I have calculated autocorrelation on time series data on the patterns of movement of a fish based on its positions:

X(`x.ts`

) andY(`y.ts`

).By using R, I ran the following functions and produced the following plots:

`acf(x.ts,100)`

`acf(y.ts,100)`

My question is, how do I interpret these plots? What information is needed to report any sort of pattern? I have been surfing the internet and have yet to find a concise way that effectively explains it.

Also, how do you decide the correct amount of lag to use? I used 100, but I am not sure if that is too much.

**Answer**

Those plots are showing you the $\textit{correlation of the series with itself, lagged by x time units}$. So imagine taking your time series of length $T$, copying it, and deleting the first observation of copy#1 and the last observation of copy#2. Now you have two series of length $T-1$ for which you calculate a correlation coefficient. This is the value of of the vertical axis at $x=1$ in your plots. It represents the correlation of the series lagged by one time unit. You go on and do this for all possible time lags $x$ and this defines the plot.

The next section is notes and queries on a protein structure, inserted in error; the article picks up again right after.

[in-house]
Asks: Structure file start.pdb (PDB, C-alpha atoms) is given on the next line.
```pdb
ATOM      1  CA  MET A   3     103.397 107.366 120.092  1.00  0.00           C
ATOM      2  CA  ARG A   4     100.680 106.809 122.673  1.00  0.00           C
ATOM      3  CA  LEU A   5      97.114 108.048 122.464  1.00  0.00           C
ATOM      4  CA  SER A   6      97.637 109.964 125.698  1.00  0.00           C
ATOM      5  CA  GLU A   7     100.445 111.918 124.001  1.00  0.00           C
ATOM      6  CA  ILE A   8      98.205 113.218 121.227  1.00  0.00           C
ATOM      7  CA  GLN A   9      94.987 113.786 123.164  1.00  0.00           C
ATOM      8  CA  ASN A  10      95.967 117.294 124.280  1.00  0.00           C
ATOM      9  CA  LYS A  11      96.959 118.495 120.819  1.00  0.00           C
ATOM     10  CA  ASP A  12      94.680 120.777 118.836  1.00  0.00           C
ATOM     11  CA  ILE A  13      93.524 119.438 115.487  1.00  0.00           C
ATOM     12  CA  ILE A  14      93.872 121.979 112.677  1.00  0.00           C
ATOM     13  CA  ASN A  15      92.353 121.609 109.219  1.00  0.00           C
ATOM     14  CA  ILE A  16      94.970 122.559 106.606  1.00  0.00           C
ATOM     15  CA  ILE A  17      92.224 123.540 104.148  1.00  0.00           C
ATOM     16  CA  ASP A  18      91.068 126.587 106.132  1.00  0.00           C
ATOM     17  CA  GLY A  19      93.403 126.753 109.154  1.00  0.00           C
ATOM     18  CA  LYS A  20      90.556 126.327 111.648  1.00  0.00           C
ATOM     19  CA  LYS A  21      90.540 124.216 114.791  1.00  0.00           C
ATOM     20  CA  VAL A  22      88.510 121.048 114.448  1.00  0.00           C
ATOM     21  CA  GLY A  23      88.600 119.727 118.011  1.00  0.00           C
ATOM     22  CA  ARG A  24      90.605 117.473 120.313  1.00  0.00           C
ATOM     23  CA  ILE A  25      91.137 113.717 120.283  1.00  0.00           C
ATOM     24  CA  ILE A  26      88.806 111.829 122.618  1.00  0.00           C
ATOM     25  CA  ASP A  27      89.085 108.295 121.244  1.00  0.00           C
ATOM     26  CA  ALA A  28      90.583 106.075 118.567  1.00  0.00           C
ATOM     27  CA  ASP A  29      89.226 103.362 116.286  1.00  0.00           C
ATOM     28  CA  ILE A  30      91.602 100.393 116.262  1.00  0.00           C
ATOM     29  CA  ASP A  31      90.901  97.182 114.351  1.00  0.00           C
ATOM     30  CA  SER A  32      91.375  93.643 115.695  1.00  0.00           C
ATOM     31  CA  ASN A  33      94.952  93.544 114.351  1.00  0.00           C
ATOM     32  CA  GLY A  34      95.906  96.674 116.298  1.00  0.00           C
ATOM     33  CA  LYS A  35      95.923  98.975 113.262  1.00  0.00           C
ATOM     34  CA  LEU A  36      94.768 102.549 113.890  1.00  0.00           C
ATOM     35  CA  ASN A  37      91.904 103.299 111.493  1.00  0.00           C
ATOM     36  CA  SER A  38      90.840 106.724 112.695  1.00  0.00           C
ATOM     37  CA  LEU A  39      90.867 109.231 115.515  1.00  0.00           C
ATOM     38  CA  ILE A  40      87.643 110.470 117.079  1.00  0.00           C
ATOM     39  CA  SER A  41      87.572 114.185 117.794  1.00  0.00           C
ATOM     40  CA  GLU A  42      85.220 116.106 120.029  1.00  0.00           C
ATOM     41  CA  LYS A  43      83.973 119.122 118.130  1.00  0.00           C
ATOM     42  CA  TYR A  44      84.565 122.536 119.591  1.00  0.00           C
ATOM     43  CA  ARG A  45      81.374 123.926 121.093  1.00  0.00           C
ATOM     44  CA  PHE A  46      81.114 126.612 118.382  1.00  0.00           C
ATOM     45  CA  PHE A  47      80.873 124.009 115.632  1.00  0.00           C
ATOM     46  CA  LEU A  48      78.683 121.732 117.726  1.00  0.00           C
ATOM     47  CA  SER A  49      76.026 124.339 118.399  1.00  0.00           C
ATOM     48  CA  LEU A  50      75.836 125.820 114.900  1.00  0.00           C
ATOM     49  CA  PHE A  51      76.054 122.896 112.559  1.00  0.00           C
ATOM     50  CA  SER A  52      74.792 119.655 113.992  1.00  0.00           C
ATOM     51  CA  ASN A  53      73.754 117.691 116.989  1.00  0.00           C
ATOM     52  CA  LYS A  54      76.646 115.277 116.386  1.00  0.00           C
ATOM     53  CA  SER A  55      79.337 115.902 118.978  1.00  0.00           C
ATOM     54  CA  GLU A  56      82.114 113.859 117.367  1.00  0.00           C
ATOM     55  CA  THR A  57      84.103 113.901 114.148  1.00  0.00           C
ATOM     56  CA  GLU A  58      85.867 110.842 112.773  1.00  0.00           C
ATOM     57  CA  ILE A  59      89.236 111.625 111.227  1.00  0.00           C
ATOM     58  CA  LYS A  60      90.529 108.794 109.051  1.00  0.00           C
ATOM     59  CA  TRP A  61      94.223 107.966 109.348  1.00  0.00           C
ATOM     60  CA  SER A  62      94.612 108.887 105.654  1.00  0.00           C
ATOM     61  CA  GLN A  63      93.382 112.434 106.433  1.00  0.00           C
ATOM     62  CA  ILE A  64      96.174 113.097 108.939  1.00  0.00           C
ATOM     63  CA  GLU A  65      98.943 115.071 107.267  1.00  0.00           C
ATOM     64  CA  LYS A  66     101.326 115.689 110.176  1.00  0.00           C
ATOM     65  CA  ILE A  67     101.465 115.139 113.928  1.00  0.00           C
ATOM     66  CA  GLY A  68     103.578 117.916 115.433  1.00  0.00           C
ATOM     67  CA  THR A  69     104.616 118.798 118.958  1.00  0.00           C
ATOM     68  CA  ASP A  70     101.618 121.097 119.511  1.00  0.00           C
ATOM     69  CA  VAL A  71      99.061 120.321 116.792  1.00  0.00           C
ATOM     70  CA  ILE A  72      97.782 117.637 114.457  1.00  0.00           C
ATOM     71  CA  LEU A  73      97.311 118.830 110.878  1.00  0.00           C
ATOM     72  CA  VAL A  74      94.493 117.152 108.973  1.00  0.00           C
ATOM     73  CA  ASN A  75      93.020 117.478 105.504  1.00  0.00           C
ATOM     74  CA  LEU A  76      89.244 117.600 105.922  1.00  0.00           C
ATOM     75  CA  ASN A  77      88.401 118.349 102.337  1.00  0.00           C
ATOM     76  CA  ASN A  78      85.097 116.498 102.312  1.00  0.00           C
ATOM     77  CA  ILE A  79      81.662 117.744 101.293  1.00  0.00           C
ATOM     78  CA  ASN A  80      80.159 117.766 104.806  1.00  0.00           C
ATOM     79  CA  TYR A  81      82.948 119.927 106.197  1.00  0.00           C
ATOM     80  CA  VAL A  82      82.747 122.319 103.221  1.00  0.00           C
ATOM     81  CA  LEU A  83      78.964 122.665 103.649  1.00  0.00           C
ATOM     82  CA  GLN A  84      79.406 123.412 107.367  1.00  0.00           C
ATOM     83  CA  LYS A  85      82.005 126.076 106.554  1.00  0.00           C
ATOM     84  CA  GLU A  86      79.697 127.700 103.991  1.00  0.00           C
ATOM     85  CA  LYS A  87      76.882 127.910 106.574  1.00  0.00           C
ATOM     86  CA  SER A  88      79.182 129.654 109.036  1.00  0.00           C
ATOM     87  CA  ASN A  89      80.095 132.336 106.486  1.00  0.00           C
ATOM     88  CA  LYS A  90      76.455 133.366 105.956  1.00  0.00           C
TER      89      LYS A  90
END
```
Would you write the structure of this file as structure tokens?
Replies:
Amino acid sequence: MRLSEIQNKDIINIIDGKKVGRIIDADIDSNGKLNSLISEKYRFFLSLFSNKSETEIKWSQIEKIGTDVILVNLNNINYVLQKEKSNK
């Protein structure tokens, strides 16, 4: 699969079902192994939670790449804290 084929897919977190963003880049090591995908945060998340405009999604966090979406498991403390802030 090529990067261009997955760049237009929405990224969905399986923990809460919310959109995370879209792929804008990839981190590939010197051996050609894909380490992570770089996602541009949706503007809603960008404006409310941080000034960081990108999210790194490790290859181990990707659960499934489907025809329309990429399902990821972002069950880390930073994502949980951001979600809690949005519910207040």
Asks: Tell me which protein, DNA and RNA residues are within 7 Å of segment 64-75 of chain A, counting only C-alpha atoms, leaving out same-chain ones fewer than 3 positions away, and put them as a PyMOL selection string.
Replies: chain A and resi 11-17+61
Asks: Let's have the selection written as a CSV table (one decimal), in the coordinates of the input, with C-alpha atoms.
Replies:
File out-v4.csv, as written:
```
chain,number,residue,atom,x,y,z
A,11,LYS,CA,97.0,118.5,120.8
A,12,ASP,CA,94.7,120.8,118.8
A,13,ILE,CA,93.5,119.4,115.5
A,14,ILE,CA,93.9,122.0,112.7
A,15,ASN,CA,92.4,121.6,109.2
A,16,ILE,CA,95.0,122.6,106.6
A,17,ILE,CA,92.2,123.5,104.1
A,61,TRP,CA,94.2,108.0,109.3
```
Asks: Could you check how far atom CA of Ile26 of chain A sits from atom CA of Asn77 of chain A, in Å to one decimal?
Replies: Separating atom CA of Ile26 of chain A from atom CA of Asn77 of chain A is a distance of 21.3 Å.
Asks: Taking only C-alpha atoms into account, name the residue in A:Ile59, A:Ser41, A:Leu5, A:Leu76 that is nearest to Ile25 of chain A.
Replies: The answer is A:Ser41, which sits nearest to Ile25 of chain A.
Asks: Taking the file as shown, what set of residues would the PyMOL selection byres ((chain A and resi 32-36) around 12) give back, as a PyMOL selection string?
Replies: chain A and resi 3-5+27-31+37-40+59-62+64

The answer to your question of what is needed to report a pattern is dependent on what pattern you would like to report. But quantitatively speaking, you have exactly what I just described: the correlation coefficient at different lags of the series. You can extract these numerical values by issuing the command

`acf(x.ts,100)$acf`

.

In terms of what lag to use, this is again a matter of context. It is often the case that there will be specific lags of interest. Say, for example, you may believe the fish species migrates to and from an area every ~30 days. This may lead you to hypothesize a correlation in the time series at lags of 30. In this case, you would have support for your hypothesis.

**Attribution***Source : Link , Question Author : Matt , Answer Author : gregory_britten*